Quotation

No Comment, Quotation — March 23, 2012, 2:17 pm

Merton: The Distortion of Dogma

It seems a little strange that we [Catholics] are so wildly exercised about the “murder” (and the word is of course correct) of an unborn infant by abortion, or even the prevention of conception which is hardly murder, and yet accept without a qualm the extermination of millions of helpless and innocent adults, some of whom may be Christians and even our friends rather than our enemies. I submit that we ought to fulfill the one without omitting the other. —Thomas Merton, Cold War Letters, p. 38 (letter to Dorothy Day, Dec. 20, 1961). The U.S. Department of Health and …

No Comment, Quotation — February 13, 2012, 10:18 am

Schopenhauer: Causality and Synchronicity

Alle Ereignisse im Leben eines Menschen standen demnach in zwei grundverschiedenen Arten des Zusammenhangs: erstlich, im objektiven, kausalen Zusammenhange des Naturlaufs; zweitens, in einem subjektiven Zusammenhange, der nur in Beziehung auf das sie erlebende Individuum vorhanden und so subjektiv wie dessen eigene Träume ist, in welchem jedoch ihre Succession und Inhalt ebenfalls nothwendig bestimmt ist, aber in der Art, wie die Succession der Scenen eines Drama‘s, durch den Plan des Dichters. Daß nun jene beiden Arten des Zusammenhangs zugleich bestehn und die nämliche Begebenheit, als ein Glied zweier ganz verschiedener Ketten, doch beiden sich genau einfügt, in Folge wovon jedes …

No Comment, Quotation — January 23, 2012, 10:41 am

Lessing: In Praise of Laziness

Faulheit, jetzo will ich dir Auch ein kleines Loblied bringen.— O—wie—sau—er—wird es mir,— Dich—nach Würden—zu besingen! Doch, ich will mein Bestes tun, Nach der Arbeit ist gut ruhn.   Höchstes Gut! wer dich nur hat, Dessen ungestörtes Leben— Ach!—ich—gähn’—ich—werde matt— Nun—so—magst du—mir’s vergeben, Daß ich dich nicht singen kann; Du verhinderst mich ja dran.   Laziness, now I’ll sing you A little song of praise, Oh what a challenge it will be To craft a song worthy of you But I’ll do my best For after work comes the soundest rest.   The highest good! He who possesses you Will …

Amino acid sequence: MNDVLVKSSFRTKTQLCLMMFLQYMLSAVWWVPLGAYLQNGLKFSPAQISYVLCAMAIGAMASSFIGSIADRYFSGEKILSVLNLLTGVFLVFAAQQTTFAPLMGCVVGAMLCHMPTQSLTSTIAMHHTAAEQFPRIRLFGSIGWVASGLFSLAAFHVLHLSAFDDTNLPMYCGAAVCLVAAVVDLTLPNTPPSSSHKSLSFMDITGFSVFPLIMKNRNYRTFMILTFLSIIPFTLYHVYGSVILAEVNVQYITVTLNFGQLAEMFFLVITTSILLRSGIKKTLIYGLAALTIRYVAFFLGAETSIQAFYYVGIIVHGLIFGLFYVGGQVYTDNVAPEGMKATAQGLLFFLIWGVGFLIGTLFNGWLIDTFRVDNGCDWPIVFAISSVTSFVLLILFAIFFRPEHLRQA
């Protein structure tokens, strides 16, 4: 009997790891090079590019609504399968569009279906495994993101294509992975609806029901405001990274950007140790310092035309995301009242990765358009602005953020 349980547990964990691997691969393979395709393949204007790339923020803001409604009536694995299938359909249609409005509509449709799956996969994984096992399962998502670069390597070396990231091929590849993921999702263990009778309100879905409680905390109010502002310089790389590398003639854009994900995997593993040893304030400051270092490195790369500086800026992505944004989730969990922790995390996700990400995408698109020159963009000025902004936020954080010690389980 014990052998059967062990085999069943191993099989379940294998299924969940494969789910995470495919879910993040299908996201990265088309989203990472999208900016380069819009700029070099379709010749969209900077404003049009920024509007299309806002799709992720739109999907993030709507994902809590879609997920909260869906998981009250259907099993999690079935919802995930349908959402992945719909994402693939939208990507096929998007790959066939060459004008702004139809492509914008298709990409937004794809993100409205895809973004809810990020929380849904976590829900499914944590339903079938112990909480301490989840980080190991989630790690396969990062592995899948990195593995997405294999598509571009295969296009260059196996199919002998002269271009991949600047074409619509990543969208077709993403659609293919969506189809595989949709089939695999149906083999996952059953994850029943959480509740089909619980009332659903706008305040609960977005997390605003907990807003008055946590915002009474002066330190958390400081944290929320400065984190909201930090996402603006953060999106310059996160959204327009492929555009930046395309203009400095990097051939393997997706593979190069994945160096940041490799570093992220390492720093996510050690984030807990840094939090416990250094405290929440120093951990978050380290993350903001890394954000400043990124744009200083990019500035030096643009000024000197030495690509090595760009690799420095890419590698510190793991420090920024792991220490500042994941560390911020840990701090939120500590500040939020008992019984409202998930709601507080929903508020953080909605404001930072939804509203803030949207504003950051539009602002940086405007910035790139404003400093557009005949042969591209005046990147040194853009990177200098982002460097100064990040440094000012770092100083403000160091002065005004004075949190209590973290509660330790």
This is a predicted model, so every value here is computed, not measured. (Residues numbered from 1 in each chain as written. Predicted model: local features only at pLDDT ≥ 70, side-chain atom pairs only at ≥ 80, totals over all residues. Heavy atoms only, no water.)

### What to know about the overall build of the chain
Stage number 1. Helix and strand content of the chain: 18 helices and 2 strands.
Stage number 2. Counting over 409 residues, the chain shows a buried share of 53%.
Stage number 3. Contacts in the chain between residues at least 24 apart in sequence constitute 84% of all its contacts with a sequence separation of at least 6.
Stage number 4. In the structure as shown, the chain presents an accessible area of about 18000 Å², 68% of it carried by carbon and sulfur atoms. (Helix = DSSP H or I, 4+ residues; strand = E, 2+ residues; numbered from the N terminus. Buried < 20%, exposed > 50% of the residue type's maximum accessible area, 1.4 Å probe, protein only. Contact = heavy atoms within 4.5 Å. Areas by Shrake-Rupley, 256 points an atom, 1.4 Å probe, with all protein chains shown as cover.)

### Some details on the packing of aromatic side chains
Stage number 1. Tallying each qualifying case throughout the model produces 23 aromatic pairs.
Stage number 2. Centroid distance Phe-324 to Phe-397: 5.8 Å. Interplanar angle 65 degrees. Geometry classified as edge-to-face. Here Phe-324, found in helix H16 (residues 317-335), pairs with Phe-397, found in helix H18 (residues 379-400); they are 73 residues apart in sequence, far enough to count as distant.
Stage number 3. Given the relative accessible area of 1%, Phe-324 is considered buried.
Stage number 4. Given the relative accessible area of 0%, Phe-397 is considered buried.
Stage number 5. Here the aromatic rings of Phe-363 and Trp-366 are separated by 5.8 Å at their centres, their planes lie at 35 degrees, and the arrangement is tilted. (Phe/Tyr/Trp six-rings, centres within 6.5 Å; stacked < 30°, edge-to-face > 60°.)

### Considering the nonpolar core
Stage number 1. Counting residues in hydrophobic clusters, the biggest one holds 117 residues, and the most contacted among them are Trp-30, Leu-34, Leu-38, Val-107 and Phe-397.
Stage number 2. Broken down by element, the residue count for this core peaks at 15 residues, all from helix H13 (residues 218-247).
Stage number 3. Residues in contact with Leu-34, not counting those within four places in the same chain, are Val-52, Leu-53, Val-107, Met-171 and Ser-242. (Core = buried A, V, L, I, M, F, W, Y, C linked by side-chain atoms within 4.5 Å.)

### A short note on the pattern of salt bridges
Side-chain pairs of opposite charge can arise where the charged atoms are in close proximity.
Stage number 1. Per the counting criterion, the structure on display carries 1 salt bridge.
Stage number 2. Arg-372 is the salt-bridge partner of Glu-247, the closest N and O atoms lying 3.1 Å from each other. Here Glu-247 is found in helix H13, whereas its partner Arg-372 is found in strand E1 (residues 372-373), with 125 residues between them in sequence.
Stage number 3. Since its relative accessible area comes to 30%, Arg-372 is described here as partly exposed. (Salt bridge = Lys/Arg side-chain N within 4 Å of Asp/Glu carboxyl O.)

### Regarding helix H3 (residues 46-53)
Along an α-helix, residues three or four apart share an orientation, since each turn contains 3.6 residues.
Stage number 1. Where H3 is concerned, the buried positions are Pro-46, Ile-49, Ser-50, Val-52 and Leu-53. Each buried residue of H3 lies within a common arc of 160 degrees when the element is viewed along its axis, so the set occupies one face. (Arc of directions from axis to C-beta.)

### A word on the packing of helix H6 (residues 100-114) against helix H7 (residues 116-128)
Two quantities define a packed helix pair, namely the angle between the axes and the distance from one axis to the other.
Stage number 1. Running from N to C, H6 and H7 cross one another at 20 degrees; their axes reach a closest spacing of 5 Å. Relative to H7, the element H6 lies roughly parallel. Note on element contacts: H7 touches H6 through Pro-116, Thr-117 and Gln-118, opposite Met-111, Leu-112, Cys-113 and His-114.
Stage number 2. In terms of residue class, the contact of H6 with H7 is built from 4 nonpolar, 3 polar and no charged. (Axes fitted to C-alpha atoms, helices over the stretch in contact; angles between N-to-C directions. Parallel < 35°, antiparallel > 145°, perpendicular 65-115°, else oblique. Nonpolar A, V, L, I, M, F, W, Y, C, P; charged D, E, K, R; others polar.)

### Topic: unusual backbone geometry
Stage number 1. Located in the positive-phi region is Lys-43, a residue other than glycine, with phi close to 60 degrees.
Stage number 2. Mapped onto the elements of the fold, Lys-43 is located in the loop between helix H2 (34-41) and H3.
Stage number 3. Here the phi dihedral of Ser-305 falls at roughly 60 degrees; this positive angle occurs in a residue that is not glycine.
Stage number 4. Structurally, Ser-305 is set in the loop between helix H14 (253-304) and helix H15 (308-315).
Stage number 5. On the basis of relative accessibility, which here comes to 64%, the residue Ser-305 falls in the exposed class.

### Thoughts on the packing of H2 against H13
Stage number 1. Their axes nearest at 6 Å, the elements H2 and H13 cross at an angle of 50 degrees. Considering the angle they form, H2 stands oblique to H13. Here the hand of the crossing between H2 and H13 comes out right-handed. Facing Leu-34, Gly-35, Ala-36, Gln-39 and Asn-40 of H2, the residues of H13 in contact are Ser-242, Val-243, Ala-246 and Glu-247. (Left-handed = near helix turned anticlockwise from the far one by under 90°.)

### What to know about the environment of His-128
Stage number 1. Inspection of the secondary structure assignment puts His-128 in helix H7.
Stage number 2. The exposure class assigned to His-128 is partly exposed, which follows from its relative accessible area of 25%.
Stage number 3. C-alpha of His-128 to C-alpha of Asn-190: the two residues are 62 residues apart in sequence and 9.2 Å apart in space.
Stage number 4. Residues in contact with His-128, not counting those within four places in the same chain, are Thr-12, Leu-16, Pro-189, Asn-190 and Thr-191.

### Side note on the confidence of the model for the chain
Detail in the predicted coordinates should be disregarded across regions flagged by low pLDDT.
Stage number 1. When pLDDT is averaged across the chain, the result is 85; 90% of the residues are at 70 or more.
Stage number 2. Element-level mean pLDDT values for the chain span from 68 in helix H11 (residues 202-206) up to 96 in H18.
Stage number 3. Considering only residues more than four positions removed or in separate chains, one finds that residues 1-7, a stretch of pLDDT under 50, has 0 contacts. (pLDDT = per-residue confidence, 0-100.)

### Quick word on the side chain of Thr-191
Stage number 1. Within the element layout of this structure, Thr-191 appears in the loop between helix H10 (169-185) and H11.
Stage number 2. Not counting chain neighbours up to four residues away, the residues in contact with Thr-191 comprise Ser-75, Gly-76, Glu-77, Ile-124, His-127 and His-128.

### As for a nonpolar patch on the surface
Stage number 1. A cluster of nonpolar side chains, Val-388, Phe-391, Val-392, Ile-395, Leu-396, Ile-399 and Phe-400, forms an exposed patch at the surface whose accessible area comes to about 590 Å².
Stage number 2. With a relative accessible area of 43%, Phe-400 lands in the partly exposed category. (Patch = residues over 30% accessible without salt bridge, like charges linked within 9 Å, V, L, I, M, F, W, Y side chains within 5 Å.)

No Comment, Quotation — January 16, 2012, 11:07 am

Martin Luther King Jr.: Nonviolence and the Struggle Between Rich and Poor

The emergency we now face is economic, and it is a desperate and worsening situation. For the 35 million poor people in America—not even to mention, just yet, the poor in other nations—there is a kind of strangulation in the air. In our society it is murder, psychologically, to deprive a man of a job or an income. You are in substance saying to that man that he has no right to exist. You are in a real way depriving him of life, liberty, and the pursuit of happiness, denying in his case the very creed of his society. Now, …